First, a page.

Helical glass cut attempt

I previously cut some beer bottles in half by scoring a line with a glass cutter and then using temperature cycling to get the crack to go all the way through the glass.

But I had the crazy idea of trying to make a sort of "spring" out of glass by making a helical cut in a bottle. I didn't have any suitable bottles handy, so I used some glass jars.

For flat pieces of glass, cutting consists of scoring a line with a glass cutter, then trying to "bend" the glass along the scored line, which causes the crack started by the score to go all the way through the glass, breaking it apart. But for a jar or a bottle, there's no way to just "bend" it. However thermal stress can be used to get the score to form a crack through the glass.

I figured I should make sure my process works well enough by first cutting a jar in two.

I screwed the lid from one of the jars to the face plate of my lathe, then used a glass cutter to score a line all the way around.

I then poured some boiling hot water into the jar to stress it. With the inside surface of the glass hot and the outside surface still cool, thermal expansion should cause tension on the outside surface (where the score line is), which should cause the crack to go deeper.

I did this with the jar standing in some warm water to avoid shocking the bottom too much. If you pour boiling water into a cold jar it's not unusual for the bottom to pop right off.

The hot water alone wasn't enough to crack the glass. So I cooled it along the scored line with some snow. But that wasn't enough to break it either.

Then I tapped it with the handle of a dish brush to get the crack to go all the way through.

Here's the result of my first attempt. It didn't break along the whole scored line, and some cracks went down from the line. Not a success.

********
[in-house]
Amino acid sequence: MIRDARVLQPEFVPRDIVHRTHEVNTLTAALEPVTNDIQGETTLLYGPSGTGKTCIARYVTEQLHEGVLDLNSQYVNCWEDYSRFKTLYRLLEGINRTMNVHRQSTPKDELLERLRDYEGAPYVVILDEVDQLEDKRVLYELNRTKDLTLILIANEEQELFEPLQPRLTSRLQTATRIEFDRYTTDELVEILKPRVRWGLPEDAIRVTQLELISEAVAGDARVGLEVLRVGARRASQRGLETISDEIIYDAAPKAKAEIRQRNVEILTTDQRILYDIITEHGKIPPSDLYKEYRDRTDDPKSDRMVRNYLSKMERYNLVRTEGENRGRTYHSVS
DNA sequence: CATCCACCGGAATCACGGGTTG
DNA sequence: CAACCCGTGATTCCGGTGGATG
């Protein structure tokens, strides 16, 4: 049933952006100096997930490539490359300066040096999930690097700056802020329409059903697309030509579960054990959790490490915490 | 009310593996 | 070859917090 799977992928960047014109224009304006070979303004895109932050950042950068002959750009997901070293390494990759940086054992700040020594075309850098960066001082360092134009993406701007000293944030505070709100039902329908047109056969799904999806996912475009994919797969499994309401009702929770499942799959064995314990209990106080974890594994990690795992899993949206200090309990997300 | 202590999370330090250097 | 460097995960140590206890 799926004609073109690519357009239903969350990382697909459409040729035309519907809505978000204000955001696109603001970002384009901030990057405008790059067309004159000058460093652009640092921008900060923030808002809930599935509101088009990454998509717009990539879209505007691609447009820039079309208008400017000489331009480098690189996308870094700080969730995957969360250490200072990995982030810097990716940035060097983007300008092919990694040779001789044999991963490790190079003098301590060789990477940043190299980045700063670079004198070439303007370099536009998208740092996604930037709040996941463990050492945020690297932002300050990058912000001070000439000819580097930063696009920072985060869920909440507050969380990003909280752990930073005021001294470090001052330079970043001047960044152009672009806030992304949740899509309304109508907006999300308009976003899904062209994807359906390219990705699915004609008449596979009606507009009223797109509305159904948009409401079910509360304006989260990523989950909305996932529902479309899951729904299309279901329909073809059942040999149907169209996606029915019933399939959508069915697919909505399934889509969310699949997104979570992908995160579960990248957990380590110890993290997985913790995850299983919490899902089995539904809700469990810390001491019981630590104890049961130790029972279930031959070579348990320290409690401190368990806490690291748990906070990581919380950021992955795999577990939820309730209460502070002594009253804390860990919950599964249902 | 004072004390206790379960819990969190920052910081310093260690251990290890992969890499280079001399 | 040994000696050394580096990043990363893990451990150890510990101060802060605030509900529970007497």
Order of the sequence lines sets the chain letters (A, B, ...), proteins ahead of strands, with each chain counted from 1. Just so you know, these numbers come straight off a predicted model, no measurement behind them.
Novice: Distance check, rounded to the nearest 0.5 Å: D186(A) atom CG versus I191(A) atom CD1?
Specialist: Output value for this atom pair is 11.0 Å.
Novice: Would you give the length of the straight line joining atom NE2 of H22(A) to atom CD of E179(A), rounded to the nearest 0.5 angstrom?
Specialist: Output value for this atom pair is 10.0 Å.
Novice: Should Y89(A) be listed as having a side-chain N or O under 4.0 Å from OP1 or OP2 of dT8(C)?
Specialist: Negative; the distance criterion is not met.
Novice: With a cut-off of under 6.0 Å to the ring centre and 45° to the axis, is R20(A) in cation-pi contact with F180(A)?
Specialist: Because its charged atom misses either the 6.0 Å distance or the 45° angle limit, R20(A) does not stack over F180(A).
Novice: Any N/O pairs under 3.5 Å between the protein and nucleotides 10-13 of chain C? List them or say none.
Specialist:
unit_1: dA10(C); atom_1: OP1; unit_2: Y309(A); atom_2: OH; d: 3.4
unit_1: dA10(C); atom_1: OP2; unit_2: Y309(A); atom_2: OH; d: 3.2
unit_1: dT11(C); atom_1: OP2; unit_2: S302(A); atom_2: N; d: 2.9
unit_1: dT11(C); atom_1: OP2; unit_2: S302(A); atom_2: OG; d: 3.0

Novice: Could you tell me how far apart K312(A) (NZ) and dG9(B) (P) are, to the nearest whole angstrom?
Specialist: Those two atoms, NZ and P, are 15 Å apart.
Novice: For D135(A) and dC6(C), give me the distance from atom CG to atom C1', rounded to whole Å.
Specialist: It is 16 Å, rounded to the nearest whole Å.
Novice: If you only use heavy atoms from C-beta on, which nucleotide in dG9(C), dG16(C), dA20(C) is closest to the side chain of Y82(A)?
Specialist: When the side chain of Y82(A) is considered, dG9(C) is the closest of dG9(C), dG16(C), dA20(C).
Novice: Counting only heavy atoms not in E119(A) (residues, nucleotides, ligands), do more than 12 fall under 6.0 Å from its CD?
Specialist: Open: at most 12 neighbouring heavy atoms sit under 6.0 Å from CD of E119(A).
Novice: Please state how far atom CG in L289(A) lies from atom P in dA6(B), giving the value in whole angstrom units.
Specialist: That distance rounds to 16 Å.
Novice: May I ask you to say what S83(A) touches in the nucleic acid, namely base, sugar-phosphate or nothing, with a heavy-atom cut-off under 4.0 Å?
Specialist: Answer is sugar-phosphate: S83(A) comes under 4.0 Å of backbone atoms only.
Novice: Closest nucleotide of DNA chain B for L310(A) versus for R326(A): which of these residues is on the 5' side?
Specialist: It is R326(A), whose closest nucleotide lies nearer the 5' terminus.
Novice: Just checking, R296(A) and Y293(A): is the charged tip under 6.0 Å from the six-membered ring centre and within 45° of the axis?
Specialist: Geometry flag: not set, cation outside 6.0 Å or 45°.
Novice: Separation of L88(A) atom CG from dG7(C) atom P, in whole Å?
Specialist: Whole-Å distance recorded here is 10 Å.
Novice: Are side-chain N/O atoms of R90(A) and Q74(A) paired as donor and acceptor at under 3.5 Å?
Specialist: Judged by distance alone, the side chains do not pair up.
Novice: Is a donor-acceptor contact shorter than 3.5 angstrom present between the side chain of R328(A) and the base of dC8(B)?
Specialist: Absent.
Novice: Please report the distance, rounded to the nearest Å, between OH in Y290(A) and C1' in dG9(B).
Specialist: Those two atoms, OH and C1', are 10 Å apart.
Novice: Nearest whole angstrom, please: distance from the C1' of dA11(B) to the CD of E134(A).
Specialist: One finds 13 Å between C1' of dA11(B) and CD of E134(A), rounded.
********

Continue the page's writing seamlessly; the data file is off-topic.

For my next attempt, after pouring in the boiling hot water I put a lid on the jar and put it upside-down in some ice water to cool the outside surface. But that wasn't enough to break it.

But a little bit of tapping got it to break apart.

This one went much better, but the crack went astray in one spot. Still not good enough.

Third attempt. This one made a distinct 'pop' when I poured the hot water in, and I could lift the top right off the jar. A successful experiment.

What did I do different this time? Maybe it was because the scored line was a bit further from the top of the jar. Or maybe I poured in the boiling water slow enough that it didn't slosh around as much. Or it could be that this was just a better glass jar. I was starting to give up on the spiral cut idea, but after this one, I figured it was still worth a try.

I needed a slow steady rotation to make the score along the whole helical path. So I recruited Rachel to do the turning while I followed the line with a glass cutter. I was pleased with how consistent I was able to follow the marked line with the glass cutter.

Boiling water in, as usual. I could hear the glass cracking. For a moment it looked like It worked.

Pulling it apart, I had a lot of cracks along the scored lines, but also some cracks in between, and not all the scored lines had a crack in them.

I think the helix was too ambitious. But cutting the bottle into a series of rings 2 cm or wider might be doable.

At this point, I already broke all the jars I cared to break, and even if I was successful, a jar with a helical cut would be very fragile and not at all useful.

But I hope this encourages you to try to cut a bottle, if, for whatever reason, you want to cut one in half. For example, for making tumblers out of beer bottles.

See also:

Drilling glass (video only)

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